Originally posted on LearnLight | July 2019 | By Brittany Crichlow

It is estimated that our brains unconsciously process over 11 million pieces of information per second. Now, compare that to the 40 pieces per second that it processes consciously. Quite the discrepancy. Our brains, more specifically the amygdala, must process and categorize all of the surrounding information for survival purposes. But due to our instincts and inability to consciously process everything at all times, we react and make decisions based on information that was processed unconsciously. This can manifest as unconscious bias.

This applies to everything we do, not just survival. There are various forms of unconscious bias that creep into our personal and professional lives – affinity, attribution, beauty, confirmation, gender, halo and horn effect.

Unfortunately, research shows that the results of diversity training, also called unconscious bias training, can vary greatly, with the overall results often ineffective.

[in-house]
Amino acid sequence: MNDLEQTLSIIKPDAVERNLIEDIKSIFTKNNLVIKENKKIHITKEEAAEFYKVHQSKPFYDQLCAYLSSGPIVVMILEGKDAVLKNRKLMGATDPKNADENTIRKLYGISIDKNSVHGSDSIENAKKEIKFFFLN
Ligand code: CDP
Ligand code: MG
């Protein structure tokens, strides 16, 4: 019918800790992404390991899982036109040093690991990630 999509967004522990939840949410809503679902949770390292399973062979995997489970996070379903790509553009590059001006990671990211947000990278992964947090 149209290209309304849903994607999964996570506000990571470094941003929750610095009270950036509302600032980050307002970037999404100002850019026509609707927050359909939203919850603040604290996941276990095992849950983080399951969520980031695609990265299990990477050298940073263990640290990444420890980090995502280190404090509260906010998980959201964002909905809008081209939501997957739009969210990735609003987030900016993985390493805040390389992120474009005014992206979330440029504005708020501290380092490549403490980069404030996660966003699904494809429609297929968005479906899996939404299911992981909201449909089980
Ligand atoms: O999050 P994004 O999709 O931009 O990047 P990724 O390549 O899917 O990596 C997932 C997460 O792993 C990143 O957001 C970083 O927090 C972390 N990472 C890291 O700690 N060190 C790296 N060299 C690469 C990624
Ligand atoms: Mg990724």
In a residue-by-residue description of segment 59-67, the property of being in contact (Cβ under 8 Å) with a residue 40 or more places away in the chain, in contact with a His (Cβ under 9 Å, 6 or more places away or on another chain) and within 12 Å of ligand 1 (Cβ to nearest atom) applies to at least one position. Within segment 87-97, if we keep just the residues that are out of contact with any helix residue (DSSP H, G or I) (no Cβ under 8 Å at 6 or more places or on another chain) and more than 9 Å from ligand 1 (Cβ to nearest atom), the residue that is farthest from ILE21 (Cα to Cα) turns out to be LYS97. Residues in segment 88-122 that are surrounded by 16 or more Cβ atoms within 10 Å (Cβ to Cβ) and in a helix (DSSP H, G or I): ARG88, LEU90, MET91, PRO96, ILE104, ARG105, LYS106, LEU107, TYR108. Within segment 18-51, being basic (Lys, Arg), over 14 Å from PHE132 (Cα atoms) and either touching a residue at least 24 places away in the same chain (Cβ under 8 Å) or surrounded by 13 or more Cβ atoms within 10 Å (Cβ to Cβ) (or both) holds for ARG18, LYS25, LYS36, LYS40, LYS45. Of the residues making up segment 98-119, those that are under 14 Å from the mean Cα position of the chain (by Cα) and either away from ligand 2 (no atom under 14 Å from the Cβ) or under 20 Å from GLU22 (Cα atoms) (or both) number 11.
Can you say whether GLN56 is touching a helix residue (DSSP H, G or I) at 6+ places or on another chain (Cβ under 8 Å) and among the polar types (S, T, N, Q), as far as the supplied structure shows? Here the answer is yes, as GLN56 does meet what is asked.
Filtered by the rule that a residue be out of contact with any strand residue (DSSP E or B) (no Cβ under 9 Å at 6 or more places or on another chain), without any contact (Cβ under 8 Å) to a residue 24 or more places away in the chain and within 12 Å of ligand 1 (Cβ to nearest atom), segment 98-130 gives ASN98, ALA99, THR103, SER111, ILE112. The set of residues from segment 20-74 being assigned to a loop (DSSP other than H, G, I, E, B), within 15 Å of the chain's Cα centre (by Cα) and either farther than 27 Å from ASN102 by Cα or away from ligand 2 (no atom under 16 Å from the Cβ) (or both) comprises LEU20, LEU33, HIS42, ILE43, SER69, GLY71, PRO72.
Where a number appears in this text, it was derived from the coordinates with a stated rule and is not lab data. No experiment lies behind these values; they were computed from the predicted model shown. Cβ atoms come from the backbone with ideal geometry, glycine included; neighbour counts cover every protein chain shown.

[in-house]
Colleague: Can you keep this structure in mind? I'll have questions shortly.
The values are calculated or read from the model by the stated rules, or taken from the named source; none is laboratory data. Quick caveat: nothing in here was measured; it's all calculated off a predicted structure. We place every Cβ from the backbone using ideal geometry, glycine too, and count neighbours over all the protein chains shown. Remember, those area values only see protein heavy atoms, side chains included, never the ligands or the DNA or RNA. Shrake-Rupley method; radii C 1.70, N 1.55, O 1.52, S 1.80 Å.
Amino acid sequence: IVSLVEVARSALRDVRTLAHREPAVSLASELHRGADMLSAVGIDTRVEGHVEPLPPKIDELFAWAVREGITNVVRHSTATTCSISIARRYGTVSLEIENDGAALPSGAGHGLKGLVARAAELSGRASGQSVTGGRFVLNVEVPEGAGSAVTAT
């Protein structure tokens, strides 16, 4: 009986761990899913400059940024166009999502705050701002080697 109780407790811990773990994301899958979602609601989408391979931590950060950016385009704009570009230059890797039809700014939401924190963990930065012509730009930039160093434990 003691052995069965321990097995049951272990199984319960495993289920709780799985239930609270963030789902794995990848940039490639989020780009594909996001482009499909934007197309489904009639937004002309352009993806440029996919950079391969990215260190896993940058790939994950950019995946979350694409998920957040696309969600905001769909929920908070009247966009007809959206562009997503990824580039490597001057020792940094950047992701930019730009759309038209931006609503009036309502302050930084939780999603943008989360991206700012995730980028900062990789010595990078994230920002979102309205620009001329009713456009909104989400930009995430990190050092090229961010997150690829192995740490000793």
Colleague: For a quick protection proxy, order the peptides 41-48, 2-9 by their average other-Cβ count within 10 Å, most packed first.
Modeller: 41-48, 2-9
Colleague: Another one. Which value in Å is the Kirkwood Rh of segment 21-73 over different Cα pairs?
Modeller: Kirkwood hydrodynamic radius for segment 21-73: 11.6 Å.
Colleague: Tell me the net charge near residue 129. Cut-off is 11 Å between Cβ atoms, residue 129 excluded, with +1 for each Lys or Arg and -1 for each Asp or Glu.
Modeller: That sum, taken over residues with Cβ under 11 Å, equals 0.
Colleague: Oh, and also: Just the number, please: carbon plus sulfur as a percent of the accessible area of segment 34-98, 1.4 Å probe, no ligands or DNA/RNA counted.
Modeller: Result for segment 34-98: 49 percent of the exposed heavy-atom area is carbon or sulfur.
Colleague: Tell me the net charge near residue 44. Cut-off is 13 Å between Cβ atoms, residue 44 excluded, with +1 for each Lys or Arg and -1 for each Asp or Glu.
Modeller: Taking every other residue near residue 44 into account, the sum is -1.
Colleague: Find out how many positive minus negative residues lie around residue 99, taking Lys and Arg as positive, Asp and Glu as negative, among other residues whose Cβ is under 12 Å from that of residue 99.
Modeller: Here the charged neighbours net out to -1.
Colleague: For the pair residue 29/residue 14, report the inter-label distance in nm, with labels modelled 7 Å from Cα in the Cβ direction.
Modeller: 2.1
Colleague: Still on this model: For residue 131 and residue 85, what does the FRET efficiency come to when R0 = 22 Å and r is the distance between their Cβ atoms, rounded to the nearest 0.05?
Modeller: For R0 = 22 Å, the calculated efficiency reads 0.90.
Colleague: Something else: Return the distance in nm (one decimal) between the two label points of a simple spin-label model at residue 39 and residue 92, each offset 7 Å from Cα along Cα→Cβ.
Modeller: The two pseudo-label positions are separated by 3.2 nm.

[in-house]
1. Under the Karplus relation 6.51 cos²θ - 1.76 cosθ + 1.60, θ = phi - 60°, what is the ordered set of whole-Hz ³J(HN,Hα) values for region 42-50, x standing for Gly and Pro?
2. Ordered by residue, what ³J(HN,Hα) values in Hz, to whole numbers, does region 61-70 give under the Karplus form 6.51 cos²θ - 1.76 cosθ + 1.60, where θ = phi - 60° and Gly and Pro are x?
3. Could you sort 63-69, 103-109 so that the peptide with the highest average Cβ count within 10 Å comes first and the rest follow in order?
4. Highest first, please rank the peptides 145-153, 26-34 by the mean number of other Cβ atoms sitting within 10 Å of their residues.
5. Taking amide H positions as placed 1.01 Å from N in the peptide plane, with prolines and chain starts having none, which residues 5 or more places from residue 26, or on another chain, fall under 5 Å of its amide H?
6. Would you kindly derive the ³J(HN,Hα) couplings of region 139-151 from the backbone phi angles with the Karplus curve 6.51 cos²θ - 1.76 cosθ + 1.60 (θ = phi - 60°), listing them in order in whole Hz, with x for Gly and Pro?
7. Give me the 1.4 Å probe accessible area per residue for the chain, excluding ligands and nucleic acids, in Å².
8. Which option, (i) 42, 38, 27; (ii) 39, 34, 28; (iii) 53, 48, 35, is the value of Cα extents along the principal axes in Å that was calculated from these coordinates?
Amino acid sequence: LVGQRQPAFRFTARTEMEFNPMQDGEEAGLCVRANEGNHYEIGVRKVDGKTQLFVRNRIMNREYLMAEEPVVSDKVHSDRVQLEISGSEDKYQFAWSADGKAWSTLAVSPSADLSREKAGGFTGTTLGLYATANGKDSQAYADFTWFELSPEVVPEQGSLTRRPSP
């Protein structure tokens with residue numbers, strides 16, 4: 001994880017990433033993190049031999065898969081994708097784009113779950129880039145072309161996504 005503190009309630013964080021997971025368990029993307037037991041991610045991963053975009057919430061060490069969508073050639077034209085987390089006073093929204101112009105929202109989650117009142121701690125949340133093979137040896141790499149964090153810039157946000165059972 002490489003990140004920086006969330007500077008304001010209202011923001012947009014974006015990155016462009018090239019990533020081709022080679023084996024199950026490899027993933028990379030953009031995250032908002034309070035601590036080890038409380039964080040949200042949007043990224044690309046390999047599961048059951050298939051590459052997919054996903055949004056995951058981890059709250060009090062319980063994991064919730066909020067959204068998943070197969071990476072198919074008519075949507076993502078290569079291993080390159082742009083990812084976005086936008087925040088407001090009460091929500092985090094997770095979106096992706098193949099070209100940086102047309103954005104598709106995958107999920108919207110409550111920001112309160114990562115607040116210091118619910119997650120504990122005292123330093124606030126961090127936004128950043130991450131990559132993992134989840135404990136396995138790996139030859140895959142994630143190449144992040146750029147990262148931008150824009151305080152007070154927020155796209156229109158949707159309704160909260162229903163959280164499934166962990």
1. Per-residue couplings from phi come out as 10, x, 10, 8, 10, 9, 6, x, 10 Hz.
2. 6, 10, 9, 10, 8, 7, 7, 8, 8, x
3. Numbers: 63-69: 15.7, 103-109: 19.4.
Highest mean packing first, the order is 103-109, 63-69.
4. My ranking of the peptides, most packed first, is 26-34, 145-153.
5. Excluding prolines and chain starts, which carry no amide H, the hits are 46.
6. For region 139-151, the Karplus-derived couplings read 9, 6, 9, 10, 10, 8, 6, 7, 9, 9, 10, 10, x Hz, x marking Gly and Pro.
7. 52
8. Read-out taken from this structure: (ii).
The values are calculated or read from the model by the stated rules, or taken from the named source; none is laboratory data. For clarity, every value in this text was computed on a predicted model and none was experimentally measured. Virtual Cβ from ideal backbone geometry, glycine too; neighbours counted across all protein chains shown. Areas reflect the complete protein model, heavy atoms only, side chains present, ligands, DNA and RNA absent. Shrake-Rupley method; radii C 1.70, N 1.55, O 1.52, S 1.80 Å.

So the question becomes how do we move from unconscious bias to conscious inclusion?

The impact of diversity and inclusion on the workplace

For some, the answer to the above question is simple – let’s just ignore it and go about our business. However, that is a response that places both employees and the company at risk.

Numerous studies and statistics demonstrate that companies who embrace diversity and inclusion are more likely to outperform companies who do not.

For example, according to McKinsey’s Delivering Through Diversity report, “Gender and ethnic diversity are clearly correlated with profitability.”

There are additional benefits to diversity and inclusion in the workplace. They include:

  • A better understanding of your customer base
  • Enhanced team performance
  • Greater innovation and creativity
  • Improved onboarding and retention
  • Increased productivity
  • Enhanced employer brand
  • Improved talent pool

Statistics show that when cultivated properly, D&I initiatives are highly beneficial to any company. But it still begs the question, how?

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